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Three Dodgers prospects who are trending down

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MLB: Spring Training-Los Angeles Dodgers at Kansas City Royals Mark J. Rebilas-USA TODAY Sports

As highlighted in my look at prospects trending up, the Dodgers have a multitude of young players who have risen their stock throughout the season, deepening what is already a strong system. But, as deep and potent as the Dodgers farm system is, there are naturally going to be some players who regress from last season’s production, thus clouding their future prospect pedigree. Down below we are going to look at three Dodgers prospects who have seen their stock take a tumble this season.

C Diego Cartaya

Double-A Tulsa

2023 stats: .188/.266/.356, 62 wRC+, 8 HR, 30-percent K rate

It’s weird to say that a consensus preseason top-30 prospect is trending down, but here we are. Cartaya has been terrible this year as highlighted by his triple slash line and really his numbers across the board. His walk rate is nearly half of what it was last season, sinking all the way to 7.5 percent in 2023, after two consecutive seasons of 13.1 percent or higher. In addition to that, his 30-percent strikeout rate is his highest to date. His wRc+ of 62 not only tells us he is 38 percent worse than an Double-A average hitter, but additionally it is 76 points lower than his 2022 number in High-A ball. Furthermore, his ISO (isolated slugging percentage) is 56 points below his High-A mark last season.

A potential change in approach might be the culprit of some of these issues as his pull percentage has dipped from 50.6 percent last season to 43.2 percent this season. Traditionally only good things happen when a young player starts to use the entire field, but Cartaya might be the rare exception to that. This almost feels like a lost year of development for the 21-year-old because of how bad he has been thus far.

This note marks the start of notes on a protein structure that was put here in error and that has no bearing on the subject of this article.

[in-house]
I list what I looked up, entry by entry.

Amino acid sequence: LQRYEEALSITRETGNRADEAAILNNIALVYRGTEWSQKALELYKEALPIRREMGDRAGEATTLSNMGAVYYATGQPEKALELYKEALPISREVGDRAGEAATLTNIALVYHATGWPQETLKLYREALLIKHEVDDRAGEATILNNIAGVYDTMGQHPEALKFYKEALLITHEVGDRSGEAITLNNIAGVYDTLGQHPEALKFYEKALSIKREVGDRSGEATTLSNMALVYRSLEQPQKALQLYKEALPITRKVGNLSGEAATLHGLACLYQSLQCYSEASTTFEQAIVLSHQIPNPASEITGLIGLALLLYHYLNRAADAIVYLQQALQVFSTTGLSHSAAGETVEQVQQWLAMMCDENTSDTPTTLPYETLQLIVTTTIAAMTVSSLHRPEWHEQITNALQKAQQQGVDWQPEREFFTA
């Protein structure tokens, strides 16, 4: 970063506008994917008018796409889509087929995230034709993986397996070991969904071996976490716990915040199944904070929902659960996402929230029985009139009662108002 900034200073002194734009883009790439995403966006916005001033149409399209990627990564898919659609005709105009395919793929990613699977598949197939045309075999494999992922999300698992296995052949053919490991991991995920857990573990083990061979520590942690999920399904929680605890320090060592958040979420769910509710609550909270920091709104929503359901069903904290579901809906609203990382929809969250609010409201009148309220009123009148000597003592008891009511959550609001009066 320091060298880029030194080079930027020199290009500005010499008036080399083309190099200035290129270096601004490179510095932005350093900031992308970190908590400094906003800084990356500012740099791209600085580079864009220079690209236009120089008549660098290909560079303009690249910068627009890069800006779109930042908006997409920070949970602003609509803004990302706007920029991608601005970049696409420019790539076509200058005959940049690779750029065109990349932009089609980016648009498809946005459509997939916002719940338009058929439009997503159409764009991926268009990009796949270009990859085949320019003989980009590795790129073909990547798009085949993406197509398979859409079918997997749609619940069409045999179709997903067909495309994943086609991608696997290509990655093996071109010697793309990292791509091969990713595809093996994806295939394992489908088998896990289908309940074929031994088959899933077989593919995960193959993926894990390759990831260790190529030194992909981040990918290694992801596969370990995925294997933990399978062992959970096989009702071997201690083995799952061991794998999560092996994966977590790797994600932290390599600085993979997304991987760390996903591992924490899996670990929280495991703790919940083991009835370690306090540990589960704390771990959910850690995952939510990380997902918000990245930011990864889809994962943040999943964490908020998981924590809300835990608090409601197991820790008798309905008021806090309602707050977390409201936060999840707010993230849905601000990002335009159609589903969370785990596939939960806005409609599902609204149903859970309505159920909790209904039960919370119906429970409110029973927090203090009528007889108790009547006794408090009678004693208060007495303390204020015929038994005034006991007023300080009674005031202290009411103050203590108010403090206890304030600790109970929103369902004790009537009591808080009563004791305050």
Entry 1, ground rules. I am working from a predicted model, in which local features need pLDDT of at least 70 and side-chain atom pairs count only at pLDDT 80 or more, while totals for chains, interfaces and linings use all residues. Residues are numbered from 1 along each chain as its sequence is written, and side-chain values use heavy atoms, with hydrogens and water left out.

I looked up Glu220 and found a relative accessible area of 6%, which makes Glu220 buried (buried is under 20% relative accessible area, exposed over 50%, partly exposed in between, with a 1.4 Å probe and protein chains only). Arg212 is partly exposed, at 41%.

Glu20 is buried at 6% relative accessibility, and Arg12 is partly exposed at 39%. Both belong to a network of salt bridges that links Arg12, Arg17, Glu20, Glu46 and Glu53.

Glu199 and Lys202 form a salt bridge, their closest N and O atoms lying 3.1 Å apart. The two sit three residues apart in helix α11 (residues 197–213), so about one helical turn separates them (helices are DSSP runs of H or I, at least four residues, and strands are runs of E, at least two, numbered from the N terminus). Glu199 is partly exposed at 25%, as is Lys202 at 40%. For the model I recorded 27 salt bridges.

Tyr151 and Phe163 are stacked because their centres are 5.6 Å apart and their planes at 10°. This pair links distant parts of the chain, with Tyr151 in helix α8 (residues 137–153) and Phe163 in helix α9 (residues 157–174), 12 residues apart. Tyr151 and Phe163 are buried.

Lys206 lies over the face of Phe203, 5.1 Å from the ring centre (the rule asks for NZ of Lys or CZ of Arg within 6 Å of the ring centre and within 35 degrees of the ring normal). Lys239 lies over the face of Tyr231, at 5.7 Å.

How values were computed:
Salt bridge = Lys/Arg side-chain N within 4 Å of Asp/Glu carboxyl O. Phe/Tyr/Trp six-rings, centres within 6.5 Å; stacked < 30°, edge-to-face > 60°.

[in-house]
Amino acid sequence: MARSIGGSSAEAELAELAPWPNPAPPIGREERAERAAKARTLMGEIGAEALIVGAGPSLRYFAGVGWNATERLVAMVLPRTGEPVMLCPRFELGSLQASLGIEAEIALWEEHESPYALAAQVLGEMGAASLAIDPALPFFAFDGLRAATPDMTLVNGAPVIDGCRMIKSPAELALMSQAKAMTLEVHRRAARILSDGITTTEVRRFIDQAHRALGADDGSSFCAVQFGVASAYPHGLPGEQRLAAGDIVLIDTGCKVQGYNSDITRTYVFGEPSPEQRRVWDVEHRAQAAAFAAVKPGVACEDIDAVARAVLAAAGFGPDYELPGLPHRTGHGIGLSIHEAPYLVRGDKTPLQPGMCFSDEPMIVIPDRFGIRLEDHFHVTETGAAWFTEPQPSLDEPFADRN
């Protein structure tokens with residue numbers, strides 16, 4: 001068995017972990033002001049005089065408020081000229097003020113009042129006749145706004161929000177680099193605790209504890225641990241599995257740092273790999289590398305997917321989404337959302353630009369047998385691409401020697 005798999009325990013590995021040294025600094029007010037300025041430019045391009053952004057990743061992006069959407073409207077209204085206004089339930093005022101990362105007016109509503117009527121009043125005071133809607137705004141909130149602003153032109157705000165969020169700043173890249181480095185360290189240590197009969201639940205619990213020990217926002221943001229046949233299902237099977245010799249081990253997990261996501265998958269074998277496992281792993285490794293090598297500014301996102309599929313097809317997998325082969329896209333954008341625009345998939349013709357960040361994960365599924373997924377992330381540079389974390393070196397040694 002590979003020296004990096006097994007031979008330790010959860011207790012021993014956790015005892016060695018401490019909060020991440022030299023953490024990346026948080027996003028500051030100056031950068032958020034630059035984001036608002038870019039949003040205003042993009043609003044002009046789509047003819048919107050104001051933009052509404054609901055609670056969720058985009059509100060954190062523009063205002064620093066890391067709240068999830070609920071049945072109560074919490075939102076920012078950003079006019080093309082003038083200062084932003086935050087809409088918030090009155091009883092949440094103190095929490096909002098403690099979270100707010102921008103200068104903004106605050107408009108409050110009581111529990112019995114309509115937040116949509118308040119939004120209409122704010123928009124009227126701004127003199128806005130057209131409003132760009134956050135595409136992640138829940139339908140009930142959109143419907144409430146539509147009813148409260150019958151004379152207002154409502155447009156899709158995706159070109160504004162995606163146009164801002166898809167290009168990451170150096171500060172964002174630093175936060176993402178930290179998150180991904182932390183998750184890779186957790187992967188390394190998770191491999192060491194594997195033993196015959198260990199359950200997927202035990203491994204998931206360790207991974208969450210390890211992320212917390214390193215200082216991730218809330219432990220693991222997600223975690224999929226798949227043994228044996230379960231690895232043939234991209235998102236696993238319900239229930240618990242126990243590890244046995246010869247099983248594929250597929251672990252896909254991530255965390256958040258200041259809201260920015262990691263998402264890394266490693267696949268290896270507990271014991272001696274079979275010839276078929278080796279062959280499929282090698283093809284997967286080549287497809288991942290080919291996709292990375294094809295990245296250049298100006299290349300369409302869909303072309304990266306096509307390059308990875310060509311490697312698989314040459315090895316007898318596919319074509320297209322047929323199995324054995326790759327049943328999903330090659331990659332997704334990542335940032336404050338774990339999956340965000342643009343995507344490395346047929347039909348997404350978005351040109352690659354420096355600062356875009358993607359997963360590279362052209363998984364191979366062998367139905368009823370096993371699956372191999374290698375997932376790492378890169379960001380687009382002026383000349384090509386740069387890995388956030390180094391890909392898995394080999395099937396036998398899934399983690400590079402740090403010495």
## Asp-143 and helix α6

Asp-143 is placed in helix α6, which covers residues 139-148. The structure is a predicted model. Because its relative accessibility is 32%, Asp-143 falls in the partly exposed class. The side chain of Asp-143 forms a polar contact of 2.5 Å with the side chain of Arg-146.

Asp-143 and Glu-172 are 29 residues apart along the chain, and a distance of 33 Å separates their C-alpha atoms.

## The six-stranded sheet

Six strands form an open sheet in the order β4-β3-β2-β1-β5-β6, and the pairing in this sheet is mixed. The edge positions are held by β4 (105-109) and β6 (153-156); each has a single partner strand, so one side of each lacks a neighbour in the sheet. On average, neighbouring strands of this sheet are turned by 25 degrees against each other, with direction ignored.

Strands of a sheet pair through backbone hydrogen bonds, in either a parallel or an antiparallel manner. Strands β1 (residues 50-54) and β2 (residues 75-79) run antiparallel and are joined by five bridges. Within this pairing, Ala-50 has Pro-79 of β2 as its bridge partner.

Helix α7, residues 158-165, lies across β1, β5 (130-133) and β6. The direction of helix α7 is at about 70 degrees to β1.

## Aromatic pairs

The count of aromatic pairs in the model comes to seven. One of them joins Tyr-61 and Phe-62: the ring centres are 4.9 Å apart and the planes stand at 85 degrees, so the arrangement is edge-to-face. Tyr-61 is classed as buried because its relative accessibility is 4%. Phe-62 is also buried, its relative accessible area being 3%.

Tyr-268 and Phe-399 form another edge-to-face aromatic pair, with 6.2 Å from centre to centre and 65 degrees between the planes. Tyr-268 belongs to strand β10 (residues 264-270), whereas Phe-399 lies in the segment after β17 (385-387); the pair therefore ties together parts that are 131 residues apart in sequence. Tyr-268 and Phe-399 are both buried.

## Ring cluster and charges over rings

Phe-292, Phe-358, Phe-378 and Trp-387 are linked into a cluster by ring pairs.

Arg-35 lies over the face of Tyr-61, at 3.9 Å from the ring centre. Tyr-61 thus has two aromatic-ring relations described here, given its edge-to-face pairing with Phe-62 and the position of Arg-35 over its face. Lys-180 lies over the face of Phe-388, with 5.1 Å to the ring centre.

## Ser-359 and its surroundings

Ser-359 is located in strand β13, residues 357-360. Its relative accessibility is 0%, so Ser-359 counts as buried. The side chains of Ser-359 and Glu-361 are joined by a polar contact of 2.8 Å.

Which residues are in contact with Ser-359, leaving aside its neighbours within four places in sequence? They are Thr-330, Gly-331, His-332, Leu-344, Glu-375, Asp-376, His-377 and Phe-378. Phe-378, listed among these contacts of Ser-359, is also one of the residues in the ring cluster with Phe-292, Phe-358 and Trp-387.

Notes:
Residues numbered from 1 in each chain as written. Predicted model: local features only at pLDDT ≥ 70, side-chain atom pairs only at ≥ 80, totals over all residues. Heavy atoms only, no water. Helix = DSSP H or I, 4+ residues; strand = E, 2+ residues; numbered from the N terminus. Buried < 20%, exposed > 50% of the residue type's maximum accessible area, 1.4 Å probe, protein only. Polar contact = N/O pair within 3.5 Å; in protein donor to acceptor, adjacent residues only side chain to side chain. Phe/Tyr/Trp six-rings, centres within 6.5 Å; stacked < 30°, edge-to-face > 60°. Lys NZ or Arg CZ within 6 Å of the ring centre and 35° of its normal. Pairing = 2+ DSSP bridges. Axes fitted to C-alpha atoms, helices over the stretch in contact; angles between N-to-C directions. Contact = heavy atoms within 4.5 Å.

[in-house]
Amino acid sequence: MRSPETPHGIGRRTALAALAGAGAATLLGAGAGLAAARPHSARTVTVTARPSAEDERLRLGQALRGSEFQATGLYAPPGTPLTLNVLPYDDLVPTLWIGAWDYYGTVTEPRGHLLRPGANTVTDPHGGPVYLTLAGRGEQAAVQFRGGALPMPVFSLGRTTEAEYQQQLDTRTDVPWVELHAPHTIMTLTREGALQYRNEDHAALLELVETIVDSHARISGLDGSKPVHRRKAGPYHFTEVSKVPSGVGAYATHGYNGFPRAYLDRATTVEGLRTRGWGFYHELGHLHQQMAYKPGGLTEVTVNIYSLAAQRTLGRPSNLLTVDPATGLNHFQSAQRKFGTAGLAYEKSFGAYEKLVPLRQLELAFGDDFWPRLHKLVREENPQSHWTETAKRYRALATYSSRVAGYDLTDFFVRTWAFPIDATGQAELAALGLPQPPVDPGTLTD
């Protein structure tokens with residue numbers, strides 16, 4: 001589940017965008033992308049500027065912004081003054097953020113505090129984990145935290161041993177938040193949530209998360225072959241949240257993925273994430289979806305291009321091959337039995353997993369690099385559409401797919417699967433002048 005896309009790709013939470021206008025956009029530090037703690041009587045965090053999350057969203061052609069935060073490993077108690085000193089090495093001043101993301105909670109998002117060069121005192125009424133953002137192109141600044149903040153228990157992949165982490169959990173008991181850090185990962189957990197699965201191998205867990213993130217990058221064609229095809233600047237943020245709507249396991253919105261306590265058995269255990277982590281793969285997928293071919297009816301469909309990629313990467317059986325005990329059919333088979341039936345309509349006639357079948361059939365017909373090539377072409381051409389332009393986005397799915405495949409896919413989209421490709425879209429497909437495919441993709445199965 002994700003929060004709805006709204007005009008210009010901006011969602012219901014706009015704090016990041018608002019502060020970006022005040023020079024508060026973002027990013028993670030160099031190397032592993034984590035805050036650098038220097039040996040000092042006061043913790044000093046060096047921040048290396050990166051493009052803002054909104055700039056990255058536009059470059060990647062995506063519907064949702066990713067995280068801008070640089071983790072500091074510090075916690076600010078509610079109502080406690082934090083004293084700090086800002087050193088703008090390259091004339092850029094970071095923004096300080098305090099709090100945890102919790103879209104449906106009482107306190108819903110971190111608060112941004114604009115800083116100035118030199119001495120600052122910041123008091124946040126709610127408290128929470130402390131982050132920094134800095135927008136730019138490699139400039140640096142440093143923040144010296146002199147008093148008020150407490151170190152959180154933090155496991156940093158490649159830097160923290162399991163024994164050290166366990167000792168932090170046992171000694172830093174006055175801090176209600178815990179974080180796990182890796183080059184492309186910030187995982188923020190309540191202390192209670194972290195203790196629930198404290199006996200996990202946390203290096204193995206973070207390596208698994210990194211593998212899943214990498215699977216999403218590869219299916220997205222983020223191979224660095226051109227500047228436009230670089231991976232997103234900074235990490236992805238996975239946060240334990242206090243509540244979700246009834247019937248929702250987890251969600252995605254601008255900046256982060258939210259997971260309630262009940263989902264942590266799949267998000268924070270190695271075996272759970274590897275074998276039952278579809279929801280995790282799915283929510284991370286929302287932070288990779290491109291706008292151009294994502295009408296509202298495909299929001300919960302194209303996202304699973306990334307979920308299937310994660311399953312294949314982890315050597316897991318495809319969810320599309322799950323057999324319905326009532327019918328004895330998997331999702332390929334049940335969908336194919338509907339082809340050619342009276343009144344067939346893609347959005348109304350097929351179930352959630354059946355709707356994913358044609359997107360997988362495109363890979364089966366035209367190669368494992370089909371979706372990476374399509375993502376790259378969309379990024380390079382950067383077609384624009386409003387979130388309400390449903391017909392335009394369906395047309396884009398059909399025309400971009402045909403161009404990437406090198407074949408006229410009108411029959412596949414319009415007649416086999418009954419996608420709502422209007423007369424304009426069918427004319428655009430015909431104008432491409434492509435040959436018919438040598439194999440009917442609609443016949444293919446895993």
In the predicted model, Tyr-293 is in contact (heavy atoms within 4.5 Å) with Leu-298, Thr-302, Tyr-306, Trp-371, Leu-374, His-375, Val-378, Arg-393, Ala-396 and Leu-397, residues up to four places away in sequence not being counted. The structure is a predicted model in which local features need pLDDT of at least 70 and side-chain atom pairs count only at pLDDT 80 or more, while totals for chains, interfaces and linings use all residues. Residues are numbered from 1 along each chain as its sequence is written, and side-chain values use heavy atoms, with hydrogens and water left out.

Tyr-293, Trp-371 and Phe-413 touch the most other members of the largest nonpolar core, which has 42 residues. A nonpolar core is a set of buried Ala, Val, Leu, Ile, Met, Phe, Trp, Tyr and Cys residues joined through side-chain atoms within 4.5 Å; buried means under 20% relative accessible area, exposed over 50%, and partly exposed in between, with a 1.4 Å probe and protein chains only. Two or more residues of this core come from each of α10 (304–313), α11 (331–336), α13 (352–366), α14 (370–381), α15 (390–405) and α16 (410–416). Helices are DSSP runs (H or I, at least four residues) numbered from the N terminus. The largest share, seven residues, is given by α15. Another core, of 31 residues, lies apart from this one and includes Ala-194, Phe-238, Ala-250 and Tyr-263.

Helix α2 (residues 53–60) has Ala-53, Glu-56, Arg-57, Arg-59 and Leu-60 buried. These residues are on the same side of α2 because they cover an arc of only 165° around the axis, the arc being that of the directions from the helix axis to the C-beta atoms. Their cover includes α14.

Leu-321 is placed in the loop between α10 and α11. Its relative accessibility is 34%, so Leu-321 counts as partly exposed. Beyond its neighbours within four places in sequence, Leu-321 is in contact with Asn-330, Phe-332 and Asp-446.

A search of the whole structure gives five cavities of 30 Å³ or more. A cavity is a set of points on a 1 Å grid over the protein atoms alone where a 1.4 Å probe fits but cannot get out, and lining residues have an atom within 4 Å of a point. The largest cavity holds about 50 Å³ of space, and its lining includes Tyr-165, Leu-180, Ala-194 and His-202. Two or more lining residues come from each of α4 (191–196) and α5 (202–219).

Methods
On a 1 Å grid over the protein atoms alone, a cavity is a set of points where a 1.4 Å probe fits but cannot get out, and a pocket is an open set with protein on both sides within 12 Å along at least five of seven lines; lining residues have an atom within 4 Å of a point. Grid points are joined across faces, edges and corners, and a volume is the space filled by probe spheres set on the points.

Cartaya has already plummeted on top-100 lists in midseason updates. At Baseball America, the catcher dropped from No. 18 preseason to No. 72 now. Baseball Prospectus had Cartaya 19th overall before the season but he’s now outside of the top 60 prospects. The drop at The Athletic was less steep, from sixth overall preseason to 19th now, but Keith Law wrote, “Cartaya’s 2023 season has been a modest disaster, if we’re being candid here.”

SP Gavin Stone

MLB, Triple-A Oklahoma City

2023 stats (OKC): 6.03 ERA, 5.13 FIP, 77 K, 31 BB, 65 IP
2023 stats (LA): 12.75 ERA, 5.03 FIP, 8 K, 8 BB, 12 IP

After what was a really strong 2022 season where he pitched to a 1.48 ERA across three levels, the 24-year-old has been bad this year in both Triple-A and the majors. Excluding his MLB numbers, his walk rate of 4.25 batters per nine this season would be the highest mark in his career, Stone’s ground ball rate of 40.2 percent would be his lowest and his strikeout rate of 10.55 per nine would be his second-lowest. Now there are a few numbers that point to some bad luck like his BABIP of .335, left on base percentage of 63.5 percent and home run/fly ball rate of 15.6 percent. All of those are numbers that are near impossible to sustain over the course of a full season which does indicate that there are better days ahead for him. However, his FIP is 5.03 and his xFIP is 5.06, so whilst he has had some bad luck this season, he’s still been poor to put it nicely.

SS Eddys Leonard

Double-A Tulsa

2023 stats: .251/.324/.417, 96 wRC+, 11 HR, 20 doubles,

The most concerning statistic for Leonard is his 96 wRC+, meaning based on league and park factors as well as hit type he’s four percent worse than the average Double-A hitter. For a 22-year-old prospect who’s largely taken steps back at every level he’s played at, it raises a red flag to say the least. His walk-to-strikeout ratio has taken a slight step back and there isn’t a single stat that indicates bad luck. His BABIP of .303, 52 points higher than his batting average indicates a slight amount of good luck if anything.

The one thing that I think is leading to the regression in Leonard’s game is he seems to be becoming a home-run-happy hitter (he hit two of them on Thursday). His infield fly ball rate has gone from 28.9 percent to 45.1 percent this season. A jump of that level indicates to me that he’s added more of an uppercut in his swing causing him to work under pitches he’d normally be driving. So, whilst it is nice to see improvement in the power department (only four fewer homers this season in 40 fewer games) his overall profile as a hitter feels as if it’s taking a step back.